RACE DAY.  We lined up for the race and were feeling AWESOME.  The race day environment at this event is spectacular and we were excited.  I told the boys to prepare for a slow start and just go with it as there were 3700 runners.  Initially I said we’d start the first five miles at 8:15 pace, but I decided to let them rip a little more.  The gun went off and we took off.  We were easing into it as we ran the long, slow uphill, but picked it up as we hit the downhill toward the capital.  We hit mile 1 at 8:09 pace (although my Garmin read it as 7:59).  Perfect.  Mile 2: 8:06; Mile 3: 7:53.  A little faster than I was anticipating, but I knew these boys were capable of tearing it up and we weren’t in red line (or even yellow line territory).  As we approached Camp Randall, I told Ross to pull over and tie his shoes as laces were flying everywhere.  He did, but then we spent a ton of energy the next .25 running up hill to catch James and Reed.  We caught our breath and carried on.  Despite a stop, we ran mile 4 in 8:02.

Right before we hit the UW arboretum and mile 5, Ross’s shoelace was untied again.  We stepped off, he corrected it (with a double-knot!) and we tried to catch up to Reed and James.  BUT, they had taken it up a notch (as instructed as they were at mile 5).  I looked at my watch and we were running 7:12 pace.  I told Ross we needed to just settle in, maybe we’ll catch them later.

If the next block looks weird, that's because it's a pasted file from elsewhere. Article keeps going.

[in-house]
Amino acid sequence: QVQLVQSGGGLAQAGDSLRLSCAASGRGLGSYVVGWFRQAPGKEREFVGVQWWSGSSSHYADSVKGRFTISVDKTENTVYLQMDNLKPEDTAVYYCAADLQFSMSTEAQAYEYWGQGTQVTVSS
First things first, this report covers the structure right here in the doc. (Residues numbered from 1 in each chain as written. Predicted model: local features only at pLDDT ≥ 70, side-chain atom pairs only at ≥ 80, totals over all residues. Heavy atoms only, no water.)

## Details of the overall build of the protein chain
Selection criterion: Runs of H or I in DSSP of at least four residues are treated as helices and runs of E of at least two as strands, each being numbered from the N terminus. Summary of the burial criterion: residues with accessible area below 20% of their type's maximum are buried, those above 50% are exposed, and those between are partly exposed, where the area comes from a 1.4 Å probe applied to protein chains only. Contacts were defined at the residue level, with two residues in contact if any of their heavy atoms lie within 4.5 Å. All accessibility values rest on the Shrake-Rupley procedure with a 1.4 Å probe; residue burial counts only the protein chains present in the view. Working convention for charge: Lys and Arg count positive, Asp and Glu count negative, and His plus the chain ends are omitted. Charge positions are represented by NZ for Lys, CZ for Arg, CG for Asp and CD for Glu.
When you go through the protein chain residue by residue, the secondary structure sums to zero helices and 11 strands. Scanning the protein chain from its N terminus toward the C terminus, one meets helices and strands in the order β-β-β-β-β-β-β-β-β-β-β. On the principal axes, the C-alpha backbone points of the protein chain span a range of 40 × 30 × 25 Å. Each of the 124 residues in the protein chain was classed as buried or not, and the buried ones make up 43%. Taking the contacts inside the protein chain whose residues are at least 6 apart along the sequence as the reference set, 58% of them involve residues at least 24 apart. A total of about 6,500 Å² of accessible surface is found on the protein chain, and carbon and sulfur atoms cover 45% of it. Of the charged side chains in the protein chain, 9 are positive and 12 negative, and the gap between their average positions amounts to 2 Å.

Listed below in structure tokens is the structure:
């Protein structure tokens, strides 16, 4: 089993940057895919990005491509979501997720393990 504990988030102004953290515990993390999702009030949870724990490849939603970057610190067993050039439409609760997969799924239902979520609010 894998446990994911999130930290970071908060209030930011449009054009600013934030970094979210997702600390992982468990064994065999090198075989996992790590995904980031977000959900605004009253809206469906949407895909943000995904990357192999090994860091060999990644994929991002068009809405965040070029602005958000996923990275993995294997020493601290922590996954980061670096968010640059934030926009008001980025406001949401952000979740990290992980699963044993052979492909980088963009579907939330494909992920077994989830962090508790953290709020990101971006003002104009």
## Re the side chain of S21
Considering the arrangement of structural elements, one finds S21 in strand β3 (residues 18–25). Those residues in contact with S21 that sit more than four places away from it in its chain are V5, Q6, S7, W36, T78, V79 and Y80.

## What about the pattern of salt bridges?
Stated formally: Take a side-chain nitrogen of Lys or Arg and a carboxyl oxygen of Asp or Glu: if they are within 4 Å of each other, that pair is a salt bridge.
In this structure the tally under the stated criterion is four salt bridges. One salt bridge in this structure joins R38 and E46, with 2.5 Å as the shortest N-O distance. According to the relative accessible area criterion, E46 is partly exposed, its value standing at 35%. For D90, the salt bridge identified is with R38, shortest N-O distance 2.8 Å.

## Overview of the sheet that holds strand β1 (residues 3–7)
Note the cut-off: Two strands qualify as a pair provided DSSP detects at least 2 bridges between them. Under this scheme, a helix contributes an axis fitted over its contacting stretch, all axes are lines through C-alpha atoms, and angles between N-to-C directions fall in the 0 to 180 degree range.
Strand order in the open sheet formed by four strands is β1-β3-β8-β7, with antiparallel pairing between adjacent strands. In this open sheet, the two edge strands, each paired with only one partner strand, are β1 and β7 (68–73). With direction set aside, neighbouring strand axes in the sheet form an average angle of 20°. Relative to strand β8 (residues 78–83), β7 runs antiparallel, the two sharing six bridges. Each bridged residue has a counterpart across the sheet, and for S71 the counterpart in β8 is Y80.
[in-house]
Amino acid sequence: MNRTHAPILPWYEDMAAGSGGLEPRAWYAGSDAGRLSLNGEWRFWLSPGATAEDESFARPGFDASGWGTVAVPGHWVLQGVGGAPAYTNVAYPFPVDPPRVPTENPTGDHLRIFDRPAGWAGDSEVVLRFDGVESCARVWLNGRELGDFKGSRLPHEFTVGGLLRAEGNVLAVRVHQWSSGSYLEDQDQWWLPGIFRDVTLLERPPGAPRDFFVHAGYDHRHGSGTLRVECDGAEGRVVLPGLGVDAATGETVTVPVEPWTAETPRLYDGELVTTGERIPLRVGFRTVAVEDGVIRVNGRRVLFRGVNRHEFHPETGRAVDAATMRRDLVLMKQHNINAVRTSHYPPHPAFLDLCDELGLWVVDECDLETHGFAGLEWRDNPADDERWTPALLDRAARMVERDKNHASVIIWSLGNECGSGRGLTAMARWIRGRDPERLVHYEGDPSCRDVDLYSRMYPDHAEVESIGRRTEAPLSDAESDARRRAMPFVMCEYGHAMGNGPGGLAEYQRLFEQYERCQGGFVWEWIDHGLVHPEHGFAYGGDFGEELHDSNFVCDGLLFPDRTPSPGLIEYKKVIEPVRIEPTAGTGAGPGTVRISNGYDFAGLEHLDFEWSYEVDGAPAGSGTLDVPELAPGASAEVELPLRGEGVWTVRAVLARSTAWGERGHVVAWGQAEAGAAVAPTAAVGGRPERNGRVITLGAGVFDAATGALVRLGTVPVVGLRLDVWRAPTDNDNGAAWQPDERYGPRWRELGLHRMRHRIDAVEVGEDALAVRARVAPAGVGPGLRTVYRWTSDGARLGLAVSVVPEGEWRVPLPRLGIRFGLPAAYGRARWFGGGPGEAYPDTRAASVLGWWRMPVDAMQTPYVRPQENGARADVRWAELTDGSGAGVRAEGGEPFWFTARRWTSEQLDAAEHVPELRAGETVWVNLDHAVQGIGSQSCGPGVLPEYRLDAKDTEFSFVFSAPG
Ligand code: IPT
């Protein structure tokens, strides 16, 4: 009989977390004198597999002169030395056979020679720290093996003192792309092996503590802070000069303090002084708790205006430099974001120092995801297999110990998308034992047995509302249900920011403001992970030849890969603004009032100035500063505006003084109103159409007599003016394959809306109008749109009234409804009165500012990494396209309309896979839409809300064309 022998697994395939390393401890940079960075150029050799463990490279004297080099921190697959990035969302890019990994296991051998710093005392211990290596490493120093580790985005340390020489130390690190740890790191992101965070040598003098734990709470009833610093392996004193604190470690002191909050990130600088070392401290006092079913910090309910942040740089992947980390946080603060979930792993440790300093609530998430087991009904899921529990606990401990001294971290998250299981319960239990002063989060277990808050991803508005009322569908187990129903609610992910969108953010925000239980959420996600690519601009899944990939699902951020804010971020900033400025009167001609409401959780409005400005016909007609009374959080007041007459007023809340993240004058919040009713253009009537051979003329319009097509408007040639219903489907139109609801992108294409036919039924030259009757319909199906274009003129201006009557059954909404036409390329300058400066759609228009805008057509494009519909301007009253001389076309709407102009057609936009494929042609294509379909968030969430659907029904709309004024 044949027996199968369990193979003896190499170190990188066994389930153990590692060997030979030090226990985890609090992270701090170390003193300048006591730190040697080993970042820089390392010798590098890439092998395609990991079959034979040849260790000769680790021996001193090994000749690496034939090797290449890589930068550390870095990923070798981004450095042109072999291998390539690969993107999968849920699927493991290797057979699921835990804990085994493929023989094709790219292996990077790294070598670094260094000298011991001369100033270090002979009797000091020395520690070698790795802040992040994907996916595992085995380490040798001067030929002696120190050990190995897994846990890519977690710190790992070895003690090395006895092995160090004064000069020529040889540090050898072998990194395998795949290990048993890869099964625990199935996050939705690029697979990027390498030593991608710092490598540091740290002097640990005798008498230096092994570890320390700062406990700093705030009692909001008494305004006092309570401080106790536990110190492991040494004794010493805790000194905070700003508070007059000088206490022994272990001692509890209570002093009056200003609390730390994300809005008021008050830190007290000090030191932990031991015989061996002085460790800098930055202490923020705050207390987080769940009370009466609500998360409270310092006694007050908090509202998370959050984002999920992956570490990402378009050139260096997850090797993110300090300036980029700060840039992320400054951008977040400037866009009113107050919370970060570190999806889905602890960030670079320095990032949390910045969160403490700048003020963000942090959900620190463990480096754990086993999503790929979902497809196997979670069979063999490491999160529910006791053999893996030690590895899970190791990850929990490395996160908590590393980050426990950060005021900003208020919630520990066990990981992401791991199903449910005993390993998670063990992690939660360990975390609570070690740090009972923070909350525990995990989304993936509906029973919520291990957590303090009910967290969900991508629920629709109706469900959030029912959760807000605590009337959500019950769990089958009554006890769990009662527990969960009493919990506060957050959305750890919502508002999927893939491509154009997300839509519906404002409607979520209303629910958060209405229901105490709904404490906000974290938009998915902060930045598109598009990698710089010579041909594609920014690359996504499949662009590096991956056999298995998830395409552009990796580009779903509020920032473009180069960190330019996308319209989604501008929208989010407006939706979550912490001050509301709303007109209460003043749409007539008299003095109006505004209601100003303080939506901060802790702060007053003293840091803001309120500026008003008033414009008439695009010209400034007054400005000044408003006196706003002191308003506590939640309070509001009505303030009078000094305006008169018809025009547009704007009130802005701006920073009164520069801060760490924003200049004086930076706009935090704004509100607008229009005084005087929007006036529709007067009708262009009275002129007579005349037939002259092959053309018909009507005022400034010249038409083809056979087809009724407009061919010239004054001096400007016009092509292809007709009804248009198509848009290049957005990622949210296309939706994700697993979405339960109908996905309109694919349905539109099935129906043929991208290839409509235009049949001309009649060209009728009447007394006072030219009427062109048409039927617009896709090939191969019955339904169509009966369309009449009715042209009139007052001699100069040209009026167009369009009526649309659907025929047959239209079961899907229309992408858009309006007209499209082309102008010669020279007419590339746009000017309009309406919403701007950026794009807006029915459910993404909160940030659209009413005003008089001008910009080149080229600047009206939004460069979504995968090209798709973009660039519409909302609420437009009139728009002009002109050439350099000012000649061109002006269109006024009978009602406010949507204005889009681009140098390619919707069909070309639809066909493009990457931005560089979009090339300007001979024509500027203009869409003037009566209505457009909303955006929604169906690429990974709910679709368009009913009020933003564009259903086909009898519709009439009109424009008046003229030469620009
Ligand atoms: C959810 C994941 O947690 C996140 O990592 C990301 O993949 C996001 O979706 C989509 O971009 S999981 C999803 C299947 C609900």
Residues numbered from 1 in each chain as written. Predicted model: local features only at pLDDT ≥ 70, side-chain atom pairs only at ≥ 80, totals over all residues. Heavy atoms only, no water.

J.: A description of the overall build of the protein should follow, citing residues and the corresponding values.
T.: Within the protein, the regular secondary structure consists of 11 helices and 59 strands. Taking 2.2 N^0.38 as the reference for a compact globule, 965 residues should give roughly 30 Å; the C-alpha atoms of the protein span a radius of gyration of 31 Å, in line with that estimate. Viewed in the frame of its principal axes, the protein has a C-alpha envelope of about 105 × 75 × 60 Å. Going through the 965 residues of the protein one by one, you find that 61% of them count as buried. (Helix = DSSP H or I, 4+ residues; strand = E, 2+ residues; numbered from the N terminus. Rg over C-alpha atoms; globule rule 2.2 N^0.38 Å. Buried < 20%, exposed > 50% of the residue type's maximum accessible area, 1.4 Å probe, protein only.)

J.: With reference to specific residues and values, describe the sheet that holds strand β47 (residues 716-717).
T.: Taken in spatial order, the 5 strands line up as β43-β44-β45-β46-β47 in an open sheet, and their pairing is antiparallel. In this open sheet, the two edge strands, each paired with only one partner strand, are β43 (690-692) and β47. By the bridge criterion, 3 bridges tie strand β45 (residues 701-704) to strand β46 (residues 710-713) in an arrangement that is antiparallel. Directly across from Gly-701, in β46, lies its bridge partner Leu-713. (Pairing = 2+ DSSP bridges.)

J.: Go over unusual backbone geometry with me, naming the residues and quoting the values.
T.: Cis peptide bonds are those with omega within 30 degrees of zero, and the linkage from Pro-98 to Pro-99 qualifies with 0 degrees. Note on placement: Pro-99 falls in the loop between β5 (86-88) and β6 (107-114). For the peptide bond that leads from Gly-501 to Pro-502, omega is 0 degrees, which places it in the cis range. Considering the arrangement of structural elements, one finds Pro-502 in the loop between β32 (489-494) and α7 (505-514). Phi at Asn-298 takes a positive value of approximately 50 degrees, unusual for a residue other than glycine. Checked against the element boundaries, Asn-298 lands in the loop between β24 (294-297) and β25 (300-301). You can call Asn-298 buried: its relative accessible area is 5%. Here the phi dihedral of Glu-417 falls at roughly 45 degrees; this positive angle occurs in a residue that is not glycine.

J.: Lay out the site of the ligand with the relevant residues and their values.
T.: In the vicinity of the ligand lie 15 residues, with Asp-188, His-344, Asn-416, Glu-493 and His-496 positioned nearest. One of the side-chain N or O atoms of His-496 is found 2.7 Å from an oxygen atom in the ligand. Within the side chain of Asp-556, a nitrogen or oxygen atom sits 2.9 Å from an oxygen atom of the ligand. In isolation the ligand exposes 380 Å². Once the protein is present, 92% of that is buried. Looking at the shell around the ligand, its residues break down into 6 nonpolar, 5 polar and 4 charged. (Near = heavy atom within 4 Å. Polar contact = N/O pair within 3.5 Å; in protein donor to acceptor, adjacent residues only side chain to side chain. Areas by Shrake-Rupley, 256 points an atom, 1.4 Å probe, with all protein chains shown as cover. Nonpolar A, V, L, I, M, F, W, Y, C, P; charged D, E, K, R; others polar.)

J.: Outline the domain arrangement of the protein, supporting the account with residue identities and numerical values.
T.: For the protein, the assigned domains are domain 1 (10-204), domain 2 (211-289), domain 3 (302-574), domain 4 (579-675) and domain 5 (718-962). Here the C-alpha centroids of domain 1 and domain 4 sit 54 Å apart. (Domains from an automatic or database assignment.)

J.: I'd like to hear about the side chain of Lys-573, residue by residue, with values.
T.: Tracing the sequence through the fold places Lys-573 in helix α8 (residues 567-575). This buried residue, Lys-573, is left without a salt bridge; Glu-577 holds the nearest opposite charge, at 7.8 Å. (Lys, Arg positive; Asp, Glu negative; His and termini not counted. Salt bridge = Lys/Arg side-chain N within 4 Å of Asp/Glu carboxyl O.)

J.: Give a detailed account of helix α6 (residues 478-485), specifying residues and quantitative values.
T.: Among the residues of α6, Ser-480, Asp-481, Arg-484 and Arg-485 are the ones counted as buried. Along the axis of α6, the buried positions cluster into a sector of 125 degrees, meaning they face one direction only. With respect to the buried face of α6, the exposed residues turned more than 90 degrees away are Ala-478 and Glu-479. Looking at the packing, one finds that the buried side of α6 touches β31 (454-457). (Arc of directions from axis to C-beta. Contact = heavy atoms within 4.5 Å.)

We didn’t catch them, but ran on our own.  Ross settled in at his pace, but was struggling a wee bit due to a stomach issue and the heat/humidity.  While it was in the 50s with no humidity all week, race day greeted us with almost 70 degrees and high humidity.  The good thing was that he did not worry about his buddies.  This day was his and he dug deep to run hard.  We ran on, took in fluids and enjoyed the fabulous misting stations when we found them.  We also discussed the high science of burping after drinking on the run.  Hey – this is valuable stuff!  Just after mile 11, we walked for a few seconds and he mentioned something about how he wasn’t having a great race.  I immediately told him he was nuts!  Not only was he going to finish, but he had been running it in great time and was going to finish in well under 2 hours – something elusive to many people who train for and run half marathons!  He agreed with that point and we ran on.   During the last mile, we hit a nice flat bike bath.  Even though I knew Ross was fighting for this finish, I began to push the pace a little harder.  He followed the lead without hesitation and finished super strong, running the last 1.1 miles at a 7:40 pace.